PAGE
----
Iranian Communications and Information Technology Minister Mahmoud Vaezi says the ministry plans to create 100,000 jobs in the current Iranian calendar year, which ends on March 20, 2016.
Vaezi told the Tehran Times on Saturday that the jobs will be created in the field of information and communication technology (ICT) and related industries.
He put the job creation figure, which was planned by the ministry for the previous calendar year, at 30,000.
“We are planning to issue different licenses such as contact center license which will lead to creation of more jobs in this year”, the official mentioned.
“We think that job creation is a goal achievable at some low cost in our field of activity”, he noted.
Vaezi went on to say that Iranian government has invested 17 trillion rials (about $510 million) in development of telecommunication infrastructures in the country during the past Iranian calendar year. It is while Iran’s private sector invested about 50 trillion rials (about $1.5 billion) in this field in the past year.
“Our plan in the ministry is to prepare infrastructures required for implementation of telecommunication projects in the country and transfer rest of the job to the private sector; in a way that private sector is projected to make investment 3-4 folds more than the government in Iran’s telecommunication development”, the minister stated.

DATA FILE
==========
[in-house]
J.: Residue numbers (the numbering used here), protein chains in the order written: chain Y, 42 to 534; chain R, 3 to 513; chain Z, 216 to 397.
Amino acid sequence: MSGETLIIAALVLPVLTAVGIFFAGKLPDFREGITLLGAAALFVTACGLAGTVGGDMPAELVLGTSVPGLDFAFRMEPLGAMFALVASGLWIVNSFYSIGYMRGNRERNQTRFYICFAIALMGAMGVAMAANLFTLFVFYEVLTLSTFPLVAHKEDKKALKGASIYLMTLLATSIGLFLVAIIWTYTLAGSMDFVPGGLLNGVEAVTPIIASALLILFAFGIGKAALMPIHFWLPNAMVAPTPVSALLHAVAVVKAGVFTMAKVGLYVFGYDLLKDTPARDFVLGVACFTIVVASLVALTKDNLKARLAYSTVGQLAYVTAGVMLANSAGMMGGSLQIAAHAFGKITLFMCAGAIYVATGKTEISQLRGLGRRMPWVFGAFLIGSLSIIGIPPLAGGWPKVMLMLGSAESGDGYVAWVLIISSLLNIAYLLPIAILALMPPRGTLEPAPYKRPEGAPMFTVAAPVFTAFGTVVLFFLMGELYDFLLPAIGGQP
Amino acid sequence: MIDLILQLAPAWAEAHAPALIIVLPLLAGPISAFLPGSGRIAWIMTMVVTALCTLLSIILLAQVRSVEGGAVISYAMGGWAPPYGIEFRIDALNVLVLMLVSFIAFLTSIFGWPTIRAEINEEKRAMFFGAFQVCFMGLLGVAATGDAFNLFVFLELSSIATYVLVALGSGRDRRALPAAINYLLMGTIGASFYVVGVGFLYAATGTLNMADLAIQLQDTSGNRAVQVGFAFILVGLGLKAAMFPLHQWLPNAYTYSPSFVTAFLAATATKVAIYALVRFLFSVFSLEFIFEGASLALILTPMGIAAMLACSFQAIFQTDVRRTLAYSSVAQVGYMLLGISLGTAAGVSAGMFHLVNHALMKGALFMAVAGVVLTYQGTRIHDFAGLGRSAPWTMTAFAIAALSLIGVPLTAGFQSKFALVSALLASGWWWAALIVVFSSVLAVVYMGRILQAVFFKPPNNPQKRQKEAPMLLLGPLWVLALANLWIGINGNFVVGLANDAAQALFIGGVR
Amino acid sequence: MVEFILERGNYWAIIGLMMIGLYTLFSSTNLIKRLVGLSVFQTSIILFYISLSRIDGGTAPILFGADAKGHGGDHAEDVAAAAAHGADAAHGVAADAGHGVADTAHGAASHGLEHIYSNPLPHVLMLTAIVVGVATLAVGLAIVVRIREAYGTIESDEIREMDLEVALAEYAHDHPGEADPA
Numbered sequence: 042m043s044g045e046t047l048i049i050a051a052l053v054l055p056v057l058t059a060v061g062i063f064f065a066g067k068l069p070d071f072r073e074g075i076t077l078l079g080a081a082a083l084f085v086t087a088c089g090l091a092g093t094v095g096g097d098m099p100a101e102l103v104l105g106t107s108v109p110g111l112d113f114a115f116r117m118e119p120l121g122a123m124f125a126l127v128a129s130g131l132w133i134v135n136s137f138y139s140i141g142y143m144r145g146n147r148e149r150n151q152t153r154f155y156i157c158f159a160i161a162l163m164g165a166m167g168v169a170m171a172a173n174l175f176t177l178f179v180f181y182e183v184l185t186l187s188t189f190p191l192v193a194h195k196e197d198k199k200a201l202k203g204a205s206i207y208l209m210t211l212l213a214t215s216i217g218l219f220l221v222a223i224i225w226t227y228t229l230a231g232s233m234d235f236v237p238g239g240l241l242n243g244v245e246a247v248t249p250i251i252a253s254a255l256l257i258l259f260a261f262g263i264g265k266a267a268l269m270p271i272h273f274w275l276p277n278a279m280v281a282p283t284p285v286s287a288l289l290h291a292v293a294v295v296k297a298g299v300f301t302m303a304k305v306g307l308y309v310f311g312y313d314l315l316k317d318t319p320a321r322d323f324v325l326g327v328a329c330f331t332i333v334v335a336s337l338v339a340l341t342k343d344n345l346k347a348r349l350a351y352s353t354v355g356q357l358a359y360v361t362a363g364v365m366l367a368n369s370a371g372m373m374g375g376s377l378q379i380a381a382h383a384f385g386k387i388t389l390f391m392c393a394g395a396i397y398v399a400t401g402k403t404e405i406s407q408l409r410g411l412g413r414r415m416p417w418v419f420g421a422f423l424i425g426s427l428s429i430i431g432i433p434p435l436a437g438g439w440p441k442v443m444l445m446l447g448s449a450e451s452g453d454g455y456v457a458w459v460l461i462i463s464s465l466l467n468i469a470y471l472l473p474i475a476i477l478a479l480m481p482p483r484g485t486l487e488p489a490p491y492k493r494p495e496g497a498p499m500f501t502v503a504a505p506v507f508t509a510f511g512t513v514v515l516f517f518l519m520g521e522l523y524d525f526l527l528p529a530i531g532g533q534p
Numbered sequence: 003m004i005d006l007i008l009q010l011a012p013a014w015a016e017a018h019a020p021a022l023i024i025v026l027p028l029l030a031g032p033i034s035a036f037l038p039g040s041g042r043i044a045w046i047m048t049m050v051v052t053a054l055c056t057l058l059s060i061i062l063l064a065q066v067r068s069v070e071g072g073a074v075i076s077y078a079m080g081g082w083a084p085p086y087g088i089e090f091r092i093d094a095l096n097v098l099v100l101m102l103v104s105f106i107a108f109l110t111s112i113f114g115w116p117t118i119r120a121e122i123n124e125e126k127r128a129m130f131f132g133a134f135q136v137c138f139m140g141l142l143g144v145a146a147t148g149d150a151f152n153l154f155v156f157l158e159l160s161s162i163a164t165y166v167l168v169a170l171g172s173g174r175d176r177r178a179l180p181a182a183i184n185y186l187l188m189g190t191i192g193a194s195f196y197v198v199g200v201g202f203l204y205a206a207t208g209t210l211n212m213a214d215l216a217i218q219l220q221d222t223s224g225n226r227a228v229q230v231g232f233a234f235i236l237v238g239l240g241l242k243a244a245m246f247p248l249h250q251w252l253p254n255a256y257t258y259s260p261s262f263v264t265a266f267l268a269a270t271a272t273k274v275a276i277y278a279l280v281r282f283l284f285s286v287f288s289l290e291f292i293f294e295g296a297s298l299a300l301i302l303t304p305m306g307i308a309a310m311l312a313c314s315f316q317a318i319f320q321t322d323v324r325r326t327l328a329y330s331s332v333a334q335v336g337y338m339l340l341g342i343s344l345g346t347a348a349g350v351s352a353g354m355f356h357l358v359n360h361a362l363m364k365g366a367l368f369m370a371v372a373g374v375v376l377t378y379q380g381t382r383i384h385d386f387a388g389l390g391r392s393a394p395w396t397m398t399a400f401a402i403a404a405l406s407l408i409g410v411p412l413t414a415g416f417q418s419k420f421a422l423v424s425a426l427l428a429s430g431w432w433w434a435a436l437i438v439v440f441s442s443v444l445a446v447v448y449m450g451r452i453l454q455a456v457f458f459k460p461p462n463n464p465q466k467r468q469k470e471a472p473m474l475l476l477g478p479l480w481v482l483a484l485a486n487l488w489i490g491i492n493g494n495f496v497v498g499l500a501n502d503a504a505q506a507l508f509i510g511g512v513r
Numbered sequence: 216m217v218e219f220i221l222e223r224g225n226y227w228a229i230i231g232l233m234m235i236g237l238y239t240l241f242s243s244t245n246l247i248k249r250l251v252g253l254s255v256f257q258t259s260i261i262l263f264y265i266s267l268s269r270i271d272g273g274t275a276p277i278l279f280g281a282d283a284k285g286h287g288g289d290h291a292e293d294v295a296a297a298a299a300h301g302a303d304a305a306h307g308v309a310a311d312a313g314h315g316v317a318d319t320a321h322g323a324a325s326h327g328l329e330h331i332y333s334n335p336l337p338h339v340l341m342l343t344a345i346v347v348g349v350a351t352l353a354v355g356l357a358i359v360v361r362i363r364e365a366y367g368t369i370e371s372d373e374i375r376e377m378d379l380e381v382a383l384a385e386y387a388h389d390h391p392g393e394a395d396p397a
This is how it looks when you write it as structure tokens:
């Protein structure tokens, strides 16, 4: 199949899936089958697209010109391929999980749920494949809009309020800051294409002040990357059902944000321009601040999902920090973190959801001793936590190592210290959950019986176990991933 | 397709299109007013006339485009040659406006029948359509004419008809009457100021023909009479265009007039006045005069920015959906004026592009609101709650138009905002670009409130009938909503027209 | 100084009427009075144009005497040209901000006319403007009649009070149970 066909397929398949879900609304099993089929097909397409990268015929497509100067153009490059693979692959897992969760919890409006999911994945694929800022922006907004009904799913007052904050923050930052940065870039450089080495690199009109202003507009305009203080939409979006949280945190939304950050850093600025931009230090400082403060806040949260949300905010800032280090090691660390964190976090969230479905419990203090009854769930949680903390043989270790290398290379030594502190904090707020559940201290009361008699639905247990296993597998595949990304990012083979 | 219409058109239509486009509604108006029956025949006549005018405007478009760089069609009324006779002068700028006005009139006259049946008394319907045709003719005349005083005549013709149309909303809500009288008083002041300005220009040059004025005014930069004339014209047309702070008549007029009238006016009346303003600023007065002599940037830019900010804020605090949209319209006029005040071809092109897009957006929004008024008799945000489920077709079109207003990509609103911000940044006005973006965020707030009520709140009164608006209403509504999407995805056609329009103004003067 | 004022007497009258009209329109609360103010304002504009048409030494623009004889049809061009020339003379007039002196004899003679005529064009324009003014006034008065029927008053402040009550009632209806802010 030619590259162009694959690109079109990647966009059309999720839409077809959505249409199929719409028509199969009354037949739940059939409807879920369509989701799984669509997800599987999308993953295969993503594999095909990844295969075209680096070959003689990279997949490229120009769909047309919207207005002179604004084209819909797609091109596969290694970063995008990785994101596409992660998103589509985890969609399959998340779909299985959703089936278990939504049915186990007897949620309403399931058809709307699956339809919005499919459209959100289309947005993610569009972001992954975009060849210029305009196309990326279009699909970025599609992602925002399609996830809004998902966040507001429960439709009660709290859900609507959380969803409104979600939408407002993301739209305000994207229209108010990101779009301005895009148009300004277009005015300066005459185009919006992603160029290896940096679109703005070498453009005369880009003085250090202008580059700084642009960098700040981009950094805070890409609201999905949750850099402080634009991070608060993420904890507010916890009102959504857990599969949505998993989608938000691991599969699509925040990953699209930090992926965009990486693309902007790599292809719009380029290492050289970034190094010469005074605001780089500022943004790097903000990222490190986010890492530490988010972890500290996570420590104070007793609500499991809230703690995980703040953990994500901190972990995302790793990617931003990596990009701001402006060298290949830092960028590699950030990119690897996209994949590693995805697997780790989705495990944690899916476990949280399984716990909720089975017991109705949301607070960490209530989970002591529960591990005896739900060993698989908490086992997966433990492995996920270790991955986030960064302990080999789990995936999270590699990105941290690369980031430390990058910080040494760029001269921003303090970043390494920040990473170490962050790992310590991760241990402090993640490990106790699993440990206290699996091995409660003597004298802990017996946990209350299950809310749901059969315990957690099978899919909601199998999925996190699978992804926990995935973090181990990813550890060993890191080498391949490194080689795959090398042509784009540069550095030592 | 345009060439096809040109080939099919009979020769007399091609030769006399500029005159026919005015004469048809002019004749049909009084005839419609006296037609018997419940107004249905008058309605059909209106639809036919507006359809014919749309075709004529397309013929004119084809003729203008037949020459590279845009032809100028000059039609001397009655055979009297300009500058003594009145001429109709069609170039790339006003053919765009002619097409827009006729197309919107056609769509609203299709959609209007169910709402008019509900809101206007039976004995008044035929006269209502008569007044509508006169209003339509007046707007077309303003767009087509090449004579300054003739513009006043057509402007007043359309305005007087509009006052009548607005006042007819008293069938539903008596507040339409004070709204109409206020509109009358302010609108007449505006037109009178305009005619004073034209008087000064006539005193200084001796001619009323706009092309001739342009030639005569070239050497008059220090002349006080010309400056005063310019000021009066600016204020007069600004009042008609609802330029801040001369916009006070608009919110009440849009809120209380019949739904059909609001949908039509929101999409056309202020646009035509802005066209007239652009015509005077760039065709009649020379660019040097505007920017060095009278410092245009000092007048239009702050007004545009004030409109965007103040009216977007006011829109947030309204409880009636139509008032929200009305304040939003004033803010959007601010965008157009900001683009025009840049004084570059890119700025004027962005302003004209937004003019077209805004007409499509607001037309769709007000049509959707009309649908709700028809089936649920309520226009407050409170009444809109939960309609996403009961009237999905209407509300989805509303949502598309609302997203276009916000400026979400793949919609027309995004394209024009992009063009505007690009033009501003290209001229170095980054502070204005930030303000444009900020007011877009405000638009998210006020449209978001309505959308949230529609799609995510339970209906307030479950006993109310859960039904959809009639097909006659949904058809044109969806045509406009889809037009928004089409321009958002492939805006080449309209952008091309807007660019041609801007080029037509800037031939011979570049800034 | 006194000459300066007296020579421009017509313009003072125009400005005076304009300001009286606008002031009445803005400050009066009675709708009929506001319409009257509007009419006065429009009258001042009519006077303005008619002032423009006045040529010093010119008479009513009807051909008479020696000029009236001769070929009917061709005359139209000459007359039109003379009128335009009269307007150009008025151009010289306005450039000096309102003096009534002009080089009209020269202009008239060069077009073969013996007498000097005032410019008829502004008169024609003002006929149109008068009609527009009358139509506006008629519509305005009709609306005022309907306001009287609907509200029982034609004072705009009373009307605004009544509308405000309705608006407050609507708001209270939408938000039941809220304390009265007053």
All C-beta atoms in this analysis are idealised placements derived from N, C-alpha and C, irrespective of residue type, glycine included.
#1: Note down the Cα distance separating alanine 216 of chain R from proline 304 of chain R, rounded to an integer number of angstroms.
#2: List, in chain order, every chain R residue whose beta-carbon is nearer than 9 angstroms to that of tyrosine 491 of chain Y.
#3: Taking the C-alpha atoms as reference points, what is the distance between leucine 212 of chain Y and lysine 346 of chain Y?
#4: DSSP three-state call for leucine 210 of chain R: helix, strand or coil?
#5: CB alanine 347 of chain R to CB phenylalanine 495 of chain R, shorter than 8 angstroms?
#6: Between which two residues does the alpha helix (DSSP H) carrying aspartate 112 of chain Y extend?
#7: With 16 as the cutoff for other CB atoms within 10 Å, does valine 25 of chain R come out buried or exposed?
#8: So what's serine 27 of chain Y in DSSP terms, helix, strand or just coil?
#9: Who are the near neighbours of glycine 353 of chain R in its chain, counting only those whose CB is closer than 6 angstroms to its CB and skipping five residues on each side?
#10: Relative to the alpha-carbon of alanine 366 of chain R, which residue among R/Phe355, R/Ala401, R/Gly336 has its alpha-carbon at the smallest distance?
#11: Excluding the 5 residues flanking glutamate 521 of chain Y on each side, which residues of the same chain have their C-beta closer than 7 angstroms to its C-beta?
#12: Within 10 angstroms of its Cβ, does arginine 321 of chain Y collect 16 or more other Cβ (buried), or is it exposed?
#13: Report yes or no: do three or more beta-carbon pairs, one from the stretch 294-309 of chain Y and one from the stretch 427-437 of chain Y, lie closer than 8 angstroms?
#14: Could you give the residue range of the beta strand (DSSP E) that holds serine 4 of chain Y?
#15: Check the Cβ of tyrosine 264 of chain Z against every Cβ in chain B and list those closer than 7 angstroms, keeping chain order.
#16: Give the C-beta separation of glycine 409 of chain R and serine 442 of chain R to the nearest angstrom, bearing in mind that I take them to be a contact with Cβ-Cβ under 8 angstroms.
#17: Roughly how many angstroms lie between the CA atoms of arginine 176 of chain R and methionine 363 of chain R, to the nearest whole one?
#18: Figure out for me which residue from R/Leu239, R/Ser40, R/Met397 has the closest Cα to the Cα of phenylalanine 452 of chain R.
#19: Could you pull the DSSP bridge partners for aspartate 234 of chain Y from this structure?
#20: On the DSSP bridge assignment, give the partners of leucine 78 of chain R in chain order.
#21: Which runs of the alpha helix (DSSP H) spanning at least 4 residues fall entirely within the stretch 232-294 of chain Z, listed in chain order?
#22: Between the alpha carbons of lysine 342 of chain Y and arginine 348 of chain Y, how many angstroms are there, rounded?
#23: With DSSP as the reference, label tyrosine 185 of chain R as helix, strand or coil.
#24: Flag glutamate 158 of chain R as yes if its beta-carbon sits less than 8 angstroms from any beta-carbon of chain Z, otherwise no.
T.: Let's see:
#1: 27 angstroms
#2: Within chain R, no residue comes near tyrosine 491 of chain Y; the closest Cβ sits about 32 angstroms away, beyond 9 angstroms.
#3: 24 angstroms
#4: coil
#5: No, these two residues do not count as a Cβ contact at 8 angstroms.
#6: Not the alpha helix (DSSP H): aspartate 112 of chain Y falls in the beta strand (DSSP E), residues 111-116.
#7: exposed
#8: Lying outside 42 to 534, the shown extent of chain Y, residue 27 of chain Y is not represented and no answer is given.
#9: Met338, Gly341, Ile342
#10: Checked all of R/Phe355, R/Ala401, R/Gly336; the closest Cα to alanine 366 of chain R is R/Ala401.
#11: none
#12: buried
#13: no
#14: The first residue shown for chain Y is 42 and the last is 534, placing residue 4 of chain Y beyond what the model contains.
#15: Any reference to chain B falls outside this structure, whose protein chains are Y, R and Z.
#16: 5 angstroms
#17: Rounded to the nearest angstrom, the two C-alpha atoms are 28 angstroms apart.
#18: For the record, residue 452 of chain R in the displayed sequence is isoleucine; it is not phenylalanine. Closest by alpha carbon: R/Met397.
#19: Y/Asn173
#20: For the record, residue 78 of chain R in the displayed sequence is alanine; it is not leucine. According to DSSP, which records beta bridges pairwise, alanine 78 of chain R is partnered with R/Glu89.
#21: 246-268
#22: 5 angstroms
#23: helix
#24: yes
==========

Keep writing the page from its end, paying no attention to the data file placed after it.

Elsewhere in his remarks, Vaezi said that for the time being, Iran has two experimental satellites ready to be launched.
The country is studying locations in Semnan province (north central Iran), Chabahar city (in southeastern Sistan-Baluchestan province) and Mahdasht city (in north central Alborz province) for launching the satellites, he added.
The country has also plans to build two satellites through joint venture with the foreign companies, the minister said, adding that, one of them is a telecommunication satellite and the other one is a remote-sensing satellite.
He said Iran has already negotiated with some French and Russian companies and also has received suggestions from some Japanese companies for building the satellites, adding that, the number of companies ready to cooperate with Iran in this field will increase after the sanctions are lifted against the country.
“We in the country will be able to build satellite by ourselves by the next 13-15 years”, the minister highlighted.
On August 18, Vaezi told the Mehr News Agency that while international contracts are needed to be signed to accomplish past satellite missions which have yet to be completed, Iran will try minimum reliance on help from abroad and will instead tap domestic capabilities as much as possible.
Iran launched its first indigenous satellite, Omid (hope), in 2009, and also sent its first bio-capsule containing living creatures into space in February 2010, using the indigenous Kavoshgar-3 (explorer-3) carrier.